Jimmy talked about the fact that two percent of people who make changes at Wikipedia account for nearly 75% of the changes. (As always, I’m more likely to get facts wrong than right.) That flies in the face of the common wisdom that Wikipedia is the work of many equally distributed hands. But it’d be interesting to know how many people create articles, for the changes made by the 2% of dedicated Wikipedians may be quite small. Just curious…


The e-book reader

For twenty years, the perfect e-book hardware has been 5 years away. We’re now down to waiting for a cheap enough, lower power enough paper-quality display.

Once we have cheap e-books, the medium by which we read will also be a medium by which can write and respond. Reading will cease being a solitary act and will become a social one. You can see this already with blogs.

So, I’ve been assuming that the e-book will mimic the form factor of books: display a page, maybe make a rustling sound as the page is turned. But it’s taking so long for e-books to arrive that they may skip book emulation entirely and be general purpose browsers/composers. They’ll work better for blogs than for books. And this may be the final nail in the coffin of books.

Maybe. (I’d write more, but I have to work on my book…:)


November 27, 2005

My busy busy week

I leave tonight for four days in Europe. Five talks, three cities (London, Oxford, Helsinki), two countries, four days. I’m looking forward to it because it will be interesting, but I expect to be a gibbering idiot by the end of it, if not at the start of it.


Schools censoring blogs

Schools censoring blogs

The Wall Street Journal has a good article by Vauhini Vara about schools cracking down on students who say stuff in their blogs. On the unreasonable side:

Others have taken a more aggressive approach. Last month, the Roman Catholic Diocese of Paterson, N.J., banned the students at its 58 elementary schools and five high schools from maintaining personal Web pages on sites like MySpace and Xanga, a blogging service. Marianna Thompson, director of communications for the diocese, said the goal of the ban is to protect students from online predators, as well as to prevent students from harassing or bullying each other. “An unsupervised blog is an inappropriate use of their time,” she said.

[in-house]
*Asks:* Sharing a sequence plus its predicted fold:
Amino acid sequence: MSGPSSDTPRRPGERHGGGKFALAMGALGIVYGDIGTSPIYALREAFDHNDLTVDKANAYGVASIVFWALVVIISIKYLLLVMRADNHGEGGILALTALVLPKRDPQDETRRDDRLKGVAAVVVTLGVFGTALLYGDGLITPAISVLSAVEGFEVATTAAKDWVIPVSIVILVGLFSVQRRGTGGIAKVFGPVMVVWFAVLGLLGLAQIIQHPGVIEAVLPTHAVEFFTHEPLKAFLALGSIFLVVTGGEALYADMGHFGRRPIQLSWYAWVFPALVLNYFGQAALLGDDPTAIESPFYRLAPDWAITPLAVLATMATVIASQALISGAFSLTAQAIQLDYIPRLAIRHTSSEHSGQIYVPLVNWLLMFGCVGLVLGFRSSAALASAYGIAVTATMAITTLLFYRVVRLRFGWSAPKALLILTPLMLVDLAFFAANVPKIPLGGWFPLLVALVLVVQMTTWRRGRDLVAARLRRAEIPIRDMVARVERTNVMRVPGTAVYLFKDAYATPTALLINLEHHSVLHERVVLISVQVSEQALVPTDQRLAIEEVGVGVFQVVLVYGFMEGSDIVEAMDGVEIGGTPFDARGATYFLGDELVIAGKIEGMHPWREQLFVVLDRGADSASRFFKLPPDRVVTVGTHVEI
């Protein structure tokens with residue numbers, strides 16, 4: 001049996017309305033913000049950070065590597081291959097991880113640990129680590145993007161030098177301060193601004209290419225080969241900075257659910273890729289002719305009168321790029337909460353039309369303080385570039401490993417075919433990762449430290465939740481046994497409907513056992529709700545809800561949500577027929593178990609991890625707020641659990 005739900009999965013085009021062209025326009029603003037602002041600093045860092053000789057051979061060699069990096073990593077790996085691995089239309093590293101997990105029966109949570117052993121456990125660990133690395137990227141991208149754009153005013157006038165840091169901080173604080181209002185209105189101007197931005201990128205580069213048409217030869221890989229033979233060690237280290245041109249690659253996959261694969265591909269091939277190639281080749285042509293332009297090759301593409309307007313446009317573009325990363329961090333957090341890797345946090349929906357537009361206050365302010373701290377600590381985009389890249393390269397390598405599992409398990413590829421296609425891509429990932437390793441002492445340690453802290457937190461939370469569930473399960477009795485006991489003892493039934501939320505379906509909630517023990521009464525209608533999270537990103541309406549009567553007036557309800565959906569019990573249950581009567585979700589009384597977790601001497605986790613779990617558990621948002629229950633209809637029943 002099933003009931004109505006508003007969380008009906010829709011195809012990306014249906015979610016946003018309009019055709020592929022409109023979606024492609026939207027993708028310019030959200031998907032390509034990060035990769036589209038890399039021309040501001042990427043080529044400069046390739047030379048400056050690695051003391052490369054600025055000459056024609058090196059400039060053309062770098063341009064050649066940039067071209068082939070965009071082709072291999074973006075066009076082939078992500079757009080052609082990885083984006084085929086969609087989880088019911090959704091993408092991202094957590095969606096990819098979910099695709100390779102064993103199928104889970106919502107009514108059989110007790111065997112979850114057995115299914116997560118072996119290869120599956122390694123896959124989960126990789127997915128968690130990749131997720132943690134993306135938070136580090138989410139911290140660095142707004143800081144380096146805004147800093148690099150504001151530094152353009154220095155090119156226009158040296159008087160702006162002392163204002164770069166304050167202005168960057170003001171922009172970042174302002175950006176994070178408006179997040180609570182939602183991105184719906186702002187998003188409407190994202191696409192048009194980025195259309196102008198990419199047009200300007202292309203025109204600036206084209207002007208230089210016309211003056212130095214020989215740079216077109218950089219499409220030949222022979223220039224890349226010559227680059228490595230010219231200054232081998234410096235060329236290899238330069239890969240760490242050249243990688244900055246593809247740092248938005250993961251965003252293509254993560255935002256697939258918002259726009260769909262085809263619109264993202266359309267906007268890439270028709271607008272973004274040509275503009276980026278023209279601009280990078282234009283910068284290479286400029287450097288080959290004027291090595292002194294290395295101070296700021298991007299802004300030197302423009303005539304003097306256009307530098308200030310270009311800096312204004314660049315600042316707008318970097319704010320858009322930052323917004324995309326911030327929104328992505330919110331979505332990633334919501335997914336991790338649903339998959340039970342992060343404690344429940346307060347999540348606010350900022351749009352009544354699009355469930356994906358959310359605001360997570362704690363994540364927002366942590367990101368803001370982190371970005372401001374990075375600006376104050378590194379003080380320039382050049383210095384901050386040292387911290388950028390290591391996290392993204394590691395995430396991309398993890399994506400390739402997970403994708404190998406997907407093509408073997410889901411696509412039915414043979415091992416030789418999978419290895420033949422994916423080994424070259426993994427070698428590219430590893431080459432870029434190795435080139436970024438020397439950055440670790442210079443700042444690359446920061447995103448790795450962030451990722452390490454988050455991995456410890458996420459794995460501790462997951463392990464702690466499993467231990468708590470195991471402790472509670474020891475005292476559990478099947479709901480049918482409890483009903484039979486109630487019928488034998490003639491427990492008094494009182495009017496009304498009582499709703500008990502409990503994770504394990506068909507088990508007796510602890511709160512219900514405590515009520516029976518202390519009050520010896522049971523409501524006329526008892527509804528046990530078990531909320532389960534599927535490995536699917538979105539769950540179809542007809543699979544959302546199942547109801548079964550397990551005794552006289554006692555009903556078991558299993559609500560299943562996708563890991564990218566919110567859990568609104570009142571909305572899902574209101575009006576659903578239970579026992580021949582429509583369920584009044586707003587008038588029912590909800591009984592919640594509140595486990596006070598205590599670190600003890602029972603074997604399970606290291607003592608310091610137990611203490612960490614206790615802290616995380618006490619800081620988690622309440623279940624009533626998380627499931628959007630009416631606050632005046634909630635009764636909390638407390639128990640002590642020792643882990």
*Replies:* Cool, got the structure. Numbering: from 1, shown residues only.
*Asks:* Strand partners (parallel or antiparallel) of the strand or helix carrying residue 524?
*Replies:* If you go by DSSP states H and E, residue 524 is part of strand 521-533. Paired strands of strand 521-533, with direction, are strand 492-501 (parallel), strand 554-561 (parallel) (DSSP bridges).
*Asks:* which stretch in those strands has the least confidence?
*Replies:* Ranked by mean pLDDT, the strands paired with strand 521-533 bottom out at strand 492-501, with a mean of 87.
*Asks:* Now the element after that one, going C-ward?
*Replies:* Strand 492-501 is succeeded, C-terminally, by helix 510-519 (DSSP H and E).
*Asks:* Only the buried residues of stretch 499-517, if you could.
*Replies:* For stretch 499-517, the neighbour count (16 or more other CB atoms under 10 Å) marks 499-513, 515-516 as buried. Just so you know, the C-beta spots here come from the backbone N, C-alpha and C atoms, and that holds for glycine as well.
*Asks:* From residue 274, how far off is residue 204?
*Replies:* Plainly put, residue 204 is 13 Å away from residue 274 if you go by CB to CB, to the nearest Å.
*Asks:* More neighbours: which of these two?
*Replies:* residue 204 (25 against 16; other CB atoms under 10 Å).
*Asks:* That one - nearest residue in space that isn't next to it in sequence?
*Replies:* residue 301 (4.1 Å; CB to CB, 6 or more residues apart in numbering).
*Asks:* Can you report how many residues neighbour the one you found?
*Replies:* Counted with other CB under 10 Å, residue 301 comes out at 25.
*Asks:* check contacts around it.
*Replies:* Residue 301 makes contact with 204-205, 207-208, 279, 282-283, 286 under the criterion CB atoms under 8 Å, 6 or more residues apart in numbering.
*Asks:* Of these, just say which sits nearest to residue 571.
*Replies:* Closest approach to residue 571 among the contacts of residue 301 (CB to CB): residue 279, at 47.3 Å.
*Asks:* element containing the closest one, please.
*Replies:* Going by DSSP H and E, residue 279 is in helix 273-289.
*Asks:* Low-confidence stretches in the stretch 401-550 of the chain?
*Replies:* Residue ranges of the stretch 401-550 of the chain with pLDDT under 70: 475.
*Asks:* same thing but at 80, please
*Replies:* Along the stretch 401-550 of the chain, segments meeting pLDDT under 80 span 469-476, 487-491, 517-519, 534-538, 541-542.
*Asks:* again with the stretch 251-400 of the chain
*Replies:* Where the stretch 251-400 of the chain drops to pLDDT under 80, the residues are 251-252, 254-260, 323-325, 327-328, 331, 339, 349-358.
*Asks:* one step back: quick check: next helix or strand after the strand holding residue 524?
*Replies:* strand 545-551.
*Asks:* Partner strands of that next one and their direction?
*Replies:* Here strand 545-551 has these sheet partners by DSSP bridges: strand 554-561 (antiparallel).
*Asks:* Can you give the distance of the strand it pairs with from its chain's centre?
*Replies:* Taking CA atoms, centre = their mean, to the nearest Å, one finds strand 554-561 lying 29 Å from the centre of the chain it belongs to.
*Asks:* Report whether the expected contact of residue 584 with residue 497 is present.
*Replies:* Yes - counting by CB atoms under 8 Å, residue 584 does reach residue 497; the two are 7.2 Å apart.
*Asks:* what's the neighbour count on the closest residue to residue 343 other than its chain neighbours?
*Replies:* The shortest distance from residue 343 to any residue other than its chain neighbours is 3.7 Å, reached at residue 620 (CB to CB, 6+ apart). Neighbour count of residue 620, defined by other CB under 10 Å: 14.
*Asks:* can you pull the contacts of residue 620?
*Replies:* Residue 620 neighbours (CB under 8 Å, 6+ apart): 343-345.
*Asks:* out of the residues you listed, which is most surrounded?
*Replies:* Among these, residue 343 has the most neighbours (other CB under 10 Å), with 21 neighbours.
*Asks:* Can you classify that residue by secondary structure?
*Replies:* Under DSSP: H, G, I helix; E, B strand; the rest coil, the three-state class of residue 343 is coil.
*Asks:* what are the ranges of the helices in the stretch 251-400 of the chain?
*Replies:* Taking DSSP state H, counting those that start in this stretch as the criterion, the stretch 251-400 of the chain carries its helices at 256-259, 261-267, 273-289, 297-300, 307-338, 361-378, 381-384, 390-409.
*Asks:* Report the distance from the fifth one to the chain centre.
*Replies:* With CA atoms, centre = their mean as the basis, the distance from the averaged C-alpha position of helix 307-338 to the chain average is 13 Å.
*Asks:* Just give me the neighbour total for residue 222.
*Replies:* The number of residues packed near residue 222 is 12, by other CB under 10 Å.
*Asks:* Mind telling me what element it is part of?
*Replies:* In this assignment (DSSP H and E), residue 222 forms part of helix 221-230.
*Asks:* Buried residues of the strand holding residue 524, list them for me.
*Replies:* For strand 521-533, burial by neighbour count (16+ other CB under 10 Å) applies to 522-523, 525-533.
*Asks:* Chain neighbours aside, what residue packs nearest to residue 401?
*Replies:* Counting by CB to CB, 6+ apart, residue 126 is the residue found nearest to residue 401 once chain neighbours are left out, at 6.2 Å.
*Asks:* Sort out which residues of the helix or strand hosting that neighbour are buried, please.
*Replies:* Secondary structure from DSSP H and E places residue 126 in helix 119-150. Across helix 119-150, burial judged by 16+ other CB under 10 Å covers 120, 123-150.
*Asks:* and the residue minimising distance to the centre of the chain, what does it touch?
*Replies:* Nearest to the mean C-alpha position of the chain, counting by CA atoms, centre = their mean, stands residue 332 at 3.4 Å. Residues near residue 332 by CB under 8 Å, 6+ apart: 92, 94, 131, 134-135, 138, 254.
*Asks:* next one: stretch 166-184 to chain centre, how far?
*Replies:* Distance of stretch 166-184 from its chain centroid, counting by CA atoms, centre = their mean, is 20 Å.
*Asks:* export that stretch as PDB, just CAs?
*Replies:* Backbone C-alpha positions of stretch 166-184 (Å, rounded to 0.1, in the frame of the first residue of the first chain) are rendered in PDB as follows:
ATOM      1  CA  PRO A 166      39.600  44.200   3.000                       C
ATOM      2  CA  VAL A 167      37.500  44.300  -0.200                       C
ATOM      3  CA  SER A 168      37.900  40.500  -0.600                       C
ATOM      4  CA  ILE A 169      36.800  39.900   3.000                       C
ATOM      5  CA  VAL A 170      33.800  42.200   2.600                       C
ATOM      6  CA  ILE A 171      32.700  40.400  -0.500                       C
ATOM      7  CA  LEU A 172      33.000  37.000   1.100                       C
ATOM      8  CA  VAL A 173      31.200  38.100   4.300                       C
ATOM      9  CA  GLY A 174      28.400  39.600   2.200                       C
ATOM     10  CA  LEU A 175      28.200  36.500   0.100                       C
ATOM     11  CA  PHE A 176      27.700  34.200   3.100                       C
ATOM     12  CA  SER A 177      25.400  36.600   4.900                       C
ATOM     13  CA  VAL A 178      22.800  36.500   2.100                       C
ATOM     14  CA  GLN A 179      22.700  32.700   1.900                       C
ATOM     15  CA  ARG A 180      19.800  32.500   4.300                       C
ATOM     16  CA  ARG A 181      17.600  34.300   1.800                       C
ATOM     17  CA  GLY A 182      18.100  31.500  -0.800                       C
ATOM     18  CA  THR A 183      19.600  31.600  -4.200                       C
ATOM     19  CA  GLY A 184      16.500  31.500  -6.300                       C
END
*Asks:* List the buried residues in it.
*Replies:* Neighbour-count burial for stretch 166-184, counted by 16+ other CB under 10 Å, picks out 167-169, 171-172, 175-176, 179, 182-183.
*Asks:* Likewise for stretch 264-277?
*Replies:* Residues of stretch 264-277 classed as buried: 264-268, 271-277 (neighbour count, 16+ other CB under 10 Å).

Yikes. [Tags: ]


November 26, 2005

Buffettster Rupert Holmester – Personality Profile

If you like pina coladas They’re a bit too much like an alcoholic milkshake, but sometimes they’re ok.
And getting caught in the rain Not really.
If you’re not into yoga I’m not.
If you have half a brain ?? If I have a whole brain, does that mean I have a half a brain? Or do some people who really have had half their brain removed register on this site? Ambiguous question.
If you like making love at midnight I’m not so much into the scheduled sex thing
In the dunes on the Cape If I get caught at it again, they say there will be “serious consequences,” which I think will get me on the sex offenders registery, so I’m going to have to say no to this one.
Additional comments: This form isn’t very specific. How about asking about pets or sports or something?

[Tags: ]


November 25, 2005

Clipmarks – Bookmarking smaller pieces

Clipmarks are like delicious bookmarks except: 1. You can bookmark portions of pages; 2. The clipmarked content is kept on the Clipmark servers. 3. It requires you to download a toolbar. Like, it’s free. Unlike, the tags default to private.

Looks quite cool — it automatically selects units of the page — and possibly quite useful. It works with Firefox (Windows, Mac, Linux)and Internet Explorer (Windows).

Here’s the blog of the founder, Eric Goldstein. He’s got an adorable baby, so clearly Clipmarks contains no spyware :) [Tags: ]